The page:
We finished by visiting Kangaroo Island Wildlife Park, where it’s possible to hand-feed and stroke rescued orphan kangaroos. The kangaroos of Kangaroo Island differ from their mainland counterparts by their black fur and friendly temperament, making them especially appealing. Koalas and quokkas also make themselves willing volunteers to be stroked, with the park also housing pelicans, servals, dingoes, wallabies, a wombat, capuchins, cockatoos, an echidna, and perhaps more that have slipped my mind.
The Adelaide Sightseeing tour is fantastically well organised, and the drivers exceptionally knowledgeable and informative. That might sound like an advertisement, but I have no affiliation with them. It’s just a genuine recommendation.
The day is long, for single day-trippers, almost exceeding sixteen hours, and I was exhausted upon my return, but satisfied.
There’s one big draw to this unassuming town: shark cage diving. Only one site in Australia offers potential encounters with the ultimate ocean predator. The iconic great white is one of the most terror-inducing and most misunderstood animals on the planet. Tours departing Port Lincoln frequent the Neptune Islands, 70km from the coast, in hopes of glimpsing the pelagic monsters in action. It’s chosen because fur seals also call these shores home.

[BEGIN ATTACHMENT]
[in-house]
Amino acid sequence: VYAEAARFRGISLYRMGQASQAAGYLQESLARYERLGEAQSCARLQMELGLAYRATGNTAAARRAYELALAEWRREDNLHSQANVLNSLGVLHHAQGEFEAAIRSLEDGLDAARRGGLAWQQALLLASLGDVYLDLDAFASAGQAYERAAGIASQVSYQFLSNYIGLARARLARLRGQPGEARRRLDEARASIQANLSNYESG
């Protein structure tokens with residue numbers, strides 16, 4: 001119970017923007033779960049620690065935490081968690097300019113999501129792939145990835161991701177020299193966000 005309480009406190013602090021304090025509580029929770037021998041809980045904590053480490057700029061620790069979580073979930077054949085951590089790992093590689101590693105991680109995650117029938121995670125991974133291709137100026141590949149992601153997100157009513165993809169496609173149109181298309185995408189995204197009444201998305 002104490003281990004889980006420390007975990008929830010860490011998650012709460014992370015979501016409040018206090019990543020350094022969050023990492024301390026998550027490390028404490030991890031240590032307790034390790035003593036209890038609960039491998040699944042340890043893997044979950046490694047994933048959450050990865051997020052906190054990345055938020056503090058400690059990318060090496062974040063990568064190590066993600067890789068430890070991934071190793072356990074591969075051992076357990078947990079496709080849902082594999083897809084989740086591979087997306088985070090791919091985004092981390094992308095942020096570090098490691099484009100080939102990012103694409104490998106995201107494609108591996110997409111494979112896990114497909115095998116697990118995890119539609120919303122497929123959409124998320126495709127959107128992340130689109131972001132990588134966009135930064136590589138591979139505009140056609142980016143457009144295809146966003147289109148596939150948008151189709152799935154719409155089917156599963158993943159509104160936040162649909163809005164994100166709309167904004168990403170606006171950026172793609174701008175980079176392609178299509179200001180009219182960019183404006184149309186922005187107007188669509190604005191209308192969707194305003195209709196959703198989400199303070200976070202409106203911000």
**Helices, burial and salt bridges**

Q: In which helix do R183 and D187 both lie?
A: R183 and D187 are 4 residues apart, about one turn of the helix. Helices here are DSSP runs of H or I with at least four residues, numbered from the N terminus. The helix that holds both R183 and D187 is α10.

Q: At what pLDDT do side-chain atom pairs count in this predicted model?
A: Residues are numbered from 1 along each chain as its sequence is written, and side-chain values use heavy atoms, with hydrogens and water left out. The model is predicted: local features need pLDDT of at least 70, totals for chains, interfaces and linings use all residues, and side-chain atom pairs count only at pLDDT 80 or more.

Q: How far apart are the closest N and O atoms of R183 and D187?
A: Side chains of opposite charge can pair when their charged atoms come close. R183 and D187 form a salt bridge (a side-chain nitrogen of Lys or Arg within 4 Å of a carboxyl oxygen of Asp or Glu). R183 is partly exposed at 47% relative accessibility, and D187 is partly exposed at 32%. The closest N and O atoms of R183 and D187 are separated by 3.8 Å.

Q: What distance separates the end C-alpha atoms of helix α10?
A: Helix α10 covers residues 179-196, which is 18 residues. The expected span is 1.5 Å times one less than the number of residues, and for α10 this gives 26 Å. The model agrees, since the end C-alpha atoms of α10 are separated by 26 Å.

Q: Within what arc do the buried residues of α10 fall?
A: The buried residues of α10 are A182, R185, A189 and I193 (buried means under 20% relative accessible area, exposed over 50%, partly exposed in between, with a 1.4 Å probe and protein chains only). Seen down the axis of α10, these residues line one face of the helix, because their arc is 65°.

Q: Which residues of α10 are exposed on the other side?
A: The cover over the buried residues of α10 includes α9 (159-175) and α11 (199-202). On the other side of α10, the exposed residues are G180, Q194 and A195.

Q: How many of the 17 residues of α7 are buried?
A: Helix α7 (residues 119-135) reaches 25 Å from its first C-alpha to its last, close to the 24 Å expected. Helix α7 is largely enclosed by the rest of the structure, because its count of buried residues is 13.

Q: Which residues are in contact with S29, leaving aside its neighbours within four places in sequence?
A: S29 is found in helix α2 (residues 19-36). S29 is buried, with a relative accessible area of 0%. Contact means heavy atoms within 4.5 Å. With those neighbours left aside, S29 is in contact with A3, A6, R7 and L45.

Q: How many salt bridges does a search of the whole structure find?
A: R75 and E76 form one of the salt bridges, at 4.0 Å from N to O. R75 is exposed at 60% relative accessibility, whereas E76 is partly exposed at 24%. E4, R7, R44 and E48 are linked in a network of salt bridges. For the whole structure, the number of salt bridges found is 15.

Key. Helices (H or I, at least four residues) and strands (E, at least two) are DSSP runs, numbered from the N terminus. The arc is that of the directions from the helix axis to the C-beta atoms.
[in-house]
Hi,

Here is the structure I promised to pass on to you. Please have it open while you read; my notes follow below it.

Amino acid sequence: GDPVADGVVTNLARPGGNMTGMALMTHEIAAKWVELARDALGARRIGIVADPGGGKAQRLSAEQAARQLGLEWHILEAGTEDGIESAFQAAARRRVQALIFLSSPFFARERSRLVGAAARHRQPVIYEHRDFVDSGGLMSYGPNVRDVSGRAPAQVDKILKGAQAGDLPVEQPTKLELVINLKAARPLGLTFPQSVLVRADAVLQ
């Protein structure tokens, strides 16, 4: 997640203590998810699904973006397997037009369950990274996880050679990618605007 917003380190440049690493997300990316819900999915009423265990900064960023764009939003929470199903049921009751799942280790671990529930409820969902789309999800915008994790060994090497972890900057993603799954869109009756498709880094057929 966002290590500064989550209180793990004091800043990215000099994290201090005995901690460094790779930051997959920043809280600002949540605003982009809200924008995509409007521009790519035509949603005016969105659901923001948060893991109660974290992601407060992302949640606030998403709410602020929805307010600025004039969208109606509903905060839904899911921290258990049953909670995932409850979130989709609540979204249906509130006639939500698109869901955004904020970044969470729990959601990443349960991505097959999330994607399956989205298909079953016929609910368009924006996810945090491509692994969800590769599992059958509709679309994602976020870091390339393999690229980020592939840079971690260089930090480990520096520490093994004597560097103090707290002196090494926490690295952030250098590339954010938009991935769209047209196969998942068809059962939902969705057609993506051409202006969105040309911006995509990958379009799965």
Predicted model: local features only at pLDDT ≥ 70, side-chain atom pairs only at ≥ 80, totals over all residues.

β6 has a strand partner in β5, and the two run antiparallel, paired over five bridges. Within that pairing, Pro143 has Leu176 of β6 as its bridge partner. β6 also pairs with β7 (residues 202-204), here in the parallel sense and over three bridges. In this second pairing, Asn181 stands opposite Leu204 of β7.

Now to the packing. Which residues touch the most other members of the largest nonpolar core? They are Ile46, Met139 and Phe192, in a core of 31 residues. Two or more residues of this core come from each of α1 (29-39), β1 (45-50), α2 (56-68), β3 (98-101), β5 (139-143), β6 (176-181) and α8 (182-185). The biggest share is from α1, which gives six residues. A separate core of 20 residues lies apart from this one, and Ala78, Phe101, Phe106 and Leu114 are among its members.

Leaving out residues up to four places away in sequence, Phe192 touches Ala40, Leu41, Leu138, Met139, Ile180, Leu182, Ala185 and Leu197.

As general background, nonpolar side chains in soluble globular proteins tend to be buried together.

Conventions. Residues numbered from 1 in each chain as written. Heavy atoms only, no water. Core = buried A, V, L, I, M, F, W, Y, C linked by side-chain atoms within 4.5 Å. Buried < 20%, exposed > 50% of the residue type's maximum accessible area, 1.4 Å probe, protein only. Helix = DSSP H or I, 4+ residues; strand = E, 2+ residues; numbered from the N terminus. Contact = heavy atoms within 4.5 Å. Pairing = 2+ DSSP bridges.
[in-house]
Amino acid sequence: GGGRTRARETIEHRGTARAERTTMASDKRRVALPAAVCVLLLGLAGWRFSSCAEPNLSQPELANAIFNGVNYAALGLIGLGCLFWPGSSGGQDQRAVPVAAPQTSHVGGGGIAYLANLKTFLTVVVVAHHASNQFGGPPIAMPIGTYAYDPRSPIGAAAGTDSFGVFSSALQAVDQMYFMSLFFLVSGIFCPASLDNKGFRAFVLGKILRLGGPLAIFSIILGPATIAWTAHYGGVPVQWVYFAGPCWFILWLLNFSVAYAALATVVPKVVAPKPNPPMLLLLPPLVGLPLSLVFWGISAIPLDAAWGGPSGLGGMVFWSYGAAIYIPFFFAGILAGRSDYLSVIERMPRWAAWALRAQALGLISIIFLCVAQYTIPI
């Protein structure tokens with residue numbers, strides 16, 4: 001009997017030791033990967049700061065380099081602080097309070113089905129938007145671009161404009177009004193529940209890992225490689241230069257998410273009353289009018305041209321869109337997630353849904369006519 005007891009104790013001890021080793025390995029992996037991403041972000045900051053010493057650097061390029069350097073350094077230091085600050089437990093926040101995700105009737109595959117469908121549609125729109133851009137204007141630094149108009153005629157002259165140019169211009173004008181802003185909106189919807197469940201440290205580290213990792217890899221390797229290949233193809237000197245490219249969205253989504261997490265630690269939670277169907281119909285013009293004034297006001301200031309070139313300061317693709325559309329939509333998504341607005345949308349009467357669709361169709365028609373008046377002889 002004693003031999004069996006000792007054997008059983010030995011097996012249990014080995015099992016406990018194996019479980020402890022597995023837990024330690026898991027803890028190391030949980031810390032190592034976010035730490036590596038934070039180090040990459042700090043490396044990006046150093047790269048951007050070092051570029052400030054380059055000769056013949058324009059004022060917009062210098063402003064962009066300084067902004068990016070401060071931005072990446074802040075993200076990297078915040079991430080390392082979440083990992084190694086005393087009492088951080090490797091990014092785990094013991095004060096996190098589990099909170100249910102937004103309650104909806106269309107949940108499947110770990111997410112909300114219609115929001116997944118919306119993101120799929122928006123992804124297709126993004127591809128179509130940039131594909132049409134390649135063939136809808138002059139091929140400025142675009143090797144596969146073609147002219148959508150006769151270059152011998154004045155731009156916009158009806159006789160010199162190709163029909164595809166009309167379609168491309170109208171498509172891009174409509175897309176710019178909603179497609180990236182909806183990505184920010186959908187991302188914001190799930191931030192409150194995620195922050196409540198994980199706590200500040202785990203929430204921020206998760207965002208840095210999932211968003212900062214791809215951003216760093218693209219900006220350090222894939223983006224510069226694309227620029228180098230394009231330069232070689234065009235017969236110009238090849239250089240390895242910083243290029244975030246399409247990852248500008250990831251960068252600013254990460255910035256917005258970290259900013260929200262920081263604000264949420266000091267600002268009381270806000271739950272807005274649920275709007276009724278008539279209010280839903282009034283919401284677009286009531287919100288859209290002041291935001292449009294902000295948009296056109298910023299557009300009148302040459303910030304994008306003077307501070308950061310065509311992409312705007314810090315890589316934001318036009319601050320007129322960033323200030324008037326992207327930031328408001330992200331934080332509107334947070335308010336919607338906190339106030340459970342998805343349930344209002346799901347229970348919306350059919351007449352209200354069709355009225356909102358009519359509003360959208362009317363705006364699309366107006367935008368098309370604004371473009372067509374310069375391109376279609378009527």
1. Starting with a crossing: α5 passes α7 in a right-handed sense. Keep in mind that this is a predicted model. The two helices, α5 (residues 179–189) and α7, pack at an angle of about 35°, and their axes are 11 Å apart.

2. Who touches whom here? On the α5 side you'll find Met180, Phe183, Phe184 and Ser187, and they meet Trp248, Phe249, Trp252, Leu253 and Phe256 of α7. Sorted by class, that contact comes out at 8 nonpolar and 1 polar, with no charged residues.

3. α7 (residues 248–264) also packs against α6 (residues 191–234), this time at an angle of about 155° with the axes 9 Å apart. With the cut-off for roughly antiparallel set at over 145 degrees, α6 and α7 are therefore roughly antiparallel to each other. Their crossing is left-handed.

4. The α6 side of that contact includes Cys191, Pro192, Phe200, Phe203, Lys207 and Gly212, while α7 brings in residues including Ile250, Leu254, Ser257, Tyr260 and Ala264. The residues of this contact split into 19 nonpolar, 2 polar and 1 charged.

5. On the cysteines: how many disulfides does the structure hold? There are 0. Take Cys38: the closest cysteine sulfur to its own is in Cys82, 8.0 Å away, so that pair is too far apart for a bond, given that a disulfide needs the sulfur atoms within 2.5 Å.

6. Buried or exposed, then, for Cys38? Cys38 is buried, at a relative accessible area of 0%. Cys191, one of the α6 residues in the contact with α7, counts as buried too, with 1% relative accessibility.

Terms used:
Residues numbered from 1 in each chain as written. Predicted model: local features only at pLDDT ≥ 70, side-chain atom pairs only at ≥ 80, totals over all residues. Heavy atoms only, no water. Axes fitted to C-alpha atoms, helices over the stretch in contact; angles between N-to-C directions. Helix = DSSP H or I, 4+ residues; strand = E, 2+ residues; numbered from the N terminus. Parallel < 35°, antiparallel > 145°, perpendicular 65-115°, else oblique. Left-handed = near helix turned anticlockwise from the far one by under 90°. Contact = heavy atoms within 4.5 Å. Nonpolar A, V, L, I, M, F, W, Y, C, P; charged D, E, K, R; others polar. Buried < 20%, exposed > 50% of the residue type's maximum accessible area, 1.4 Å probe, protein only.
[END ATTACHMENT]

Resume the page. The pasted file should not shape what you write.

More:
Being brutally honest, the average tourist will likely find little else to justify their visit. Lincoln National Park on the doorstep is more garnish atop an existing trip than destination in itself, whilst the town is reduced to its tour operators. Necessitating a ten-hour drive from Adelaide, or forty-minute (but more expensive, financially and environmentally) plane journey from the capital, think hard before visiting if you’re scared of sharks.
My shark cage dive, I hate to say, ended in disappointment. None were hungry. For five hours we hurled Berley, a minced mixture of natural fish products, including tuna guts and gills, into the water, delighting only albatross, kingfish, and trevally. Calypso Star Charters, with whom I booked, do offer compensation in the event sharks fail to materialise, so I will probably try again with them.
As a quick note on Calypso, the boat was equipped with hot showers and a coffee machine, with three substantial hot meals provided throughout the day. I would thoroughly recommend them.
I did, the following day, depart on another of their tours, to swim with sealions (yes, they do this in a different place to the shark cage diving). This was initially done on a whim, and I entered with no particular expectations or hopes, but found the experience amazing. The sealions were delightfully playful and possessed zero inhibitions. I repeated this fantastic opportunity to equal enjoyment from Jurien Bay, on the west coast, as well.
Will I return to South Australia?
Yes. Had I seen a great white, no. South Australia the state is largely flat, arid, and featureless. The drive I undertook was beautiful in a specifically stark, bleak sense, primarily fascinating in its lack of engagement.
Realistically, there are few advantages over the east coast, which has become more developed precisely because there is more to do, and more spectacular scenery.
Thanks for reading! If you live outside of Australia, how many states/cities/towns can you name, and how confident are you with locating them?